On 30 November, a European Parliament Forum on Recreational Fisheries and Aquatic Environment event co-Chaired by MEP Niclas Herbst and MEP Soraya Rodriguez Ramos brought light on the diverse initiatives carried out by the Recreational Fisheries sector, considering the upcoming discussions on the Nature Restoration Law (NRL).
The NRL aims at translating the declarative EU
Biodiversity Strategy targets into compulsory objectives for the EU member
states’ authorities. MEP Niclas Herbst, Chair of the EP RecFishing Forum, noted that “anglers are
essential not only to monitor fish populations but also to maintain
biodiversity. The best thing we can do as decision-makers is to help them in
their fight against biodiversity loss and urging Member States to reduce river
fragmentation. Otherwise, the objectives of the Biodiversity Strategy won’t be
achieved”. Indeed, the EU recreational fisheries sector
supports the inclusion of more ambitious goals for the protection and
restoration of rivers and marine ecosystems.
"Angling is more than just catching
and killing fish, it’s also about taking responsibility for ensuring that there
are fish for future generations. That's why we restore rivers, remove obstacles
and plant eelgrass in marine environments. Anglers also massively collect wastes
[...] 12,000 kilos were collected by angling clubs in Germany in just one year.
said Kaare Manniche
Ebert, Fisheries Biologist at the Danish Sportfishing Association and
member of the European
Anglers Alliance (EAA). The involvement of younger generations in these habitats’
restoration projects is furthermore key for the future of aquatic ecosystems.
The fishing tackle sector is also
committed to the very same objective: “Without fish, there is no business. Therefore,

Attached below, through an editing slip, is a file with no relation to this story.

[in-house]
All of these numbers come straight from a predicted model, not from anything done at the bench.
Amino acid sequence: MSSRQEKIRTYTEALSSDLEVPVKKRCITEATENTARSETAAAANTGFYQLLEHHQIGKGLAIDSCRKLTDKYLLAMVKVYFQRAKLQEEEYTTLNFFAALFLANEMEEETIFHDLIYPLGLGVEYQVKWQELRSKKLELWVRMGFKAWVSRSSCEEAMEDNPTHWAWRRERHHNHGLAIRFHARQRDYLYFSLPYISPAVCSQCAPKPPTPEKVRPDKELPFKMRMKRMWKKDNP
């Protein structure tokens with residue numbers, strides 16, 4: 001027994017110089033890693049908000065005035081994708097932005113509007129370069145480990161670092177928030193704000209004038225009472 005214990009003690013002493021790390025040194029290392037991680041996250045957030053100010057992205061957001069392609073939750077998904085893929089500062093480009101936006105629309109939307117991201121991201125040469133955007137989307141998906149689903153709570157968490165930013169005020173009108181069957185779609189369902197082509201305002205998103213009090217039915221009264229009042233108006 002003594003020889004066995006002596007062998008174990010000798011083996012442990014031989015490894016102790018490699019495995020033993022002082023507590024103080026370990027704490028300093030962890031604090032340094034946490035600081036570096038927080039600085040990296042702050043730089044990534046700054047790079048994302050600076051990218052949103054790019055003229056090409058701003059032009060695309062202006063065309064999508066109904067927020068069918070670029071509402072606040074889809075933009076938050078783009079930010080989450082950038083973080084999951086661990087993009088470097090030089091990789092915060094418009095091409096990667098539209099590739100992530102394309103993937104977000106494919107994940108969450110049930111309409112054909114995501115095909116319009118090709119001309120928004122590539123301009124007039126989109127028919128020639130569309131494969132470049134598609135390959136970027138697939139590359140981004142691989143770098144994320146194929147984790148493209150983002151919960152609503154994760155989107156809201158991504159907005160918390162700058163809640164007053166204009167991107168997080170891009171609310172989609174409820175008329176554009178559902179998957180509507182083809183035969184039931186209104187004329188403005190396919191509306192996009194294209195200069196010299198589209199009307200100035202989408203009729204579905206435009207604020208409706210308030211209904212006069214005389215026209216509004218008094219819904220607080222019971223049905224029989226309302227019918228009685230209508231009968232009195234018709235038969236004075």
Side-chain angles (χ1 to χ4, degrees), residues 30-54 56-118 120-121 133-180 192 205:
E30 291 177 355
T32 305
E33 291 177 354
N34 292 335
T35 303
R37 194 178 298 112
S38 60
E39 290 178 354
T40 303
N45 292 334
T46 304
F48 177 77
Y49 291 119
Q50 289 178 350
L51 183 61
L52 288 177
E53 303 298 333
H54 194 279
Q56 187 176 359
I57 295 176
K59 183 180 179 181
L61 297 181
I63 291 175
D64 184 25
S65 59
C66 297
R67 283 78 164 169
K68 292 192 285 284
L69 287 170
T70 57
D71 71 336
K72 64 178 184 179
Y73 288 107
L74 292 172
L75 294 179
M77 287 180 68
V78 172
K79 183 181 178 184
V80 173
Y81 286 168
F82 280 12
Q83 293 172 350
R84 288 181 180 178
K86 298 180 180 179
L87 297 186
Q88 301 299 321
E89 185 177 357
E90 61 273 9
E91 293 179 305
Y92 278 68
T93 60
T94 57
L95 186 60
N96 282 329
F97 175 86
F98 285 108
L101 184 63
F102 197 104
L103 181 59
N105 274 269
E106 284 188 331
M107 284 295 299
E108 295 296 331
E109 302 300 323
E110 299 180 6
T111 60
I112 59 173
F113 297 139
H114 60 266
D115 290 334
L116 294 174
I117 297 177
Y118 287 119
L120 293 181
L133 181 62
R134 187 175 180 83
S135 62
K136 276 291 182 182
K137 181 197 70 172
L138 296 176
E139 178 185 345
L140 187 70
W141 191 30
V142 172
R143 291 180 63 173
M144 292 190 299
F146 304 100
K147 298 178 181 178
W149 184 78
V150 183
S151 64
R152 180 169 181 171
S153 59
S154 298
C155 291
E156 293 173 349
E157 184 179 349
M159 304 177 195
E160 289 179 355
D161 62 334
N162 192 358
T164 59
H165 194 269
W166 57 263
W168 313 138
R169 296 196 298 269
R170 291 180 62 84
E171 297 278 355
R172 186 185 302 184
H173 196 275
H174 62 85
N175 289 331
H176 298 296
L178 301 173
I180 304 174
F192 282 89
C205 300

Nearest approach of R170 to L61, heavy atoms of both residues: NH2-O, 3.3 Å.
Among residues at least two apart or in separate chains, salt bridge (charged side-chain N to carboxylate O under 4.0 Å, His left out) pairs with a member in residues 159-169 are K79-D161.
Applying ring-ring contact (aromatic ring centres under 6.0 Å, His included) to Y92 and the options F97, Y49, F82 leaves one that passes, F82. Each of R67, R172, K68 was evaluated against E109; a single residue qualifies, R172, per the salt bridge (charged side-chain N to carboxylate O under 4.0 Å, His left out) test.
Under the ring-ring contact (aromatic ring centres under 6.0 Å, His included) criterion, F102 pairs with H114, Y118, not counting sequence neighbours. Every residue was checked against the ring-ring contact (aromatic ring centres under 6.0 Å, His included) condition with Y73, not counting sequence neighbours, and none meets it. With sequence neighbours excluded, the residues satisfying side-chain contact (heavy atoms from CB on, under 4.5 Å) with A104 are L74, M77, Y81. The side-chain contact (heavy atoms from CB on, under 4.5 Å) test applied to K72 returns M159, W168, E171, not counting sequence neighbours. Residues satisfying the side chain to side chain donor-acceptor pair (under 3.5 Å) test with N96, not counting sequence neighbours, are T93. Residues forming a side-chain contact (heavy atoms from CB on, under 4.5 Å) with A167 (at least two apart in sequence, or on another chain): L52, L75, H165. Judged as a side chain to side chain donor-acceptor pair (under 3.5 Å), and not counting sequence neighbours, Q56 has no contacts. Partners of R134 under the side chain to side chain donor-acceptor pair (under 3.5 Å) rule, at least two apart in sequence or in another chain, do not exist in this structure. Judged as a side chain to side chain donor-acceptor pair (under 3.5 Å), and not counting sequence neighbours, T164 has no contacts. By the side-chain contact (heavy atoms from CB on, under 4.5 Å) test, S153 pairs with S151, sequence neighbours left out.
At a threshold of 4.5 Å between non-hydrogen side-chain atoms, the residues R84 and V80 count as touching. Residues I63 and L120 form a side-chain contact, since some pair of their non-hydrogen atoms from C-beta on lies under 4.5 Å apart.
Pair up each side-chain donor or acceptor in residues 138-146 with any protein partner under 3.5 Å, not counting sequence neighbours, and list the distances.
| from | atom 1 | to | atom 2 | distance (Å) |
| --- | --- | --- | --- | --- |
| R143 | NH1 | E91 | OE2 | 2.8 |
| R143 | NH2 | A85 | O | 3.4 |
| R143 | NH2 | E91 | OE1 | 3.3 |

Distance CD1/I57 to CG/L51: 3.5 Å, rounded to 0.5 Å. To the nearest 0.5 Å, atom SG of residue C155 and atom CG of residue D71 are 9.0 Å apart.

it is only natural that our companies commit to nature restoration projects”
said Oliver Portrat, CEO of the European Fishing Tackle Trade
Association (EFTTA). Ross Honey, Managing Director, Angling Spirit
(EFTTA) also recalled the efforts that the Manufacturers and Wholesalers of
fishing equipment are doing to reduce the use of plastics and chemicals in
The NRL will define protected and
strictly protected areas, in which human presence will be restricted. However,
anglers should be encouraged to be on the ground and help authorities
protecting aquatic biodiversity. The new obligations that will be introduced by
the law will oblige the EU Member States to engage in habitats recovery
projects, but the voluntary work carried out by anglers
represents massive costs that Member States would have to cover if they
prevented them from accessing protected areas. In addition, Professor Robert Britton from Bournemouth University (UK)
underlined the usefulness of recreational fishers in the conservation of marine
species. Anglers have been crucial in alerting scientists and authorities since
decades about the status of fish species through citizen science.
Bettina Doeser, representative from the European Commission
in charge of the Nature Restoration Law appreciated how recreational fishermen
understood the essence of the Commission’s proposal, which is not only to
protect biodiversity but also to create the conditions for its restoration.
“It was proven that voluntary targets
for nature restoration are not enough […]. We need to act now! EU maritime environment and freshwater
ecosystems are in a degraded state. […] Many fish cannot find place to
reproduce, especially when dams block their migratory routes, for instance.”
MEP Soraya Rodriguez Ramos, shadow
rapporteur for Renew Europe in the Committee on Environment concluded.
Nature Restoration Law proposal will be discussed in the European Parliament
and the European Council of Member States for several months. The recreational
fisheries sector will continue working in Brussels with the MEPs and some
allies such as the Living
Rivers Europe coalition to include much needed
measures for the protection of fish and their environment.
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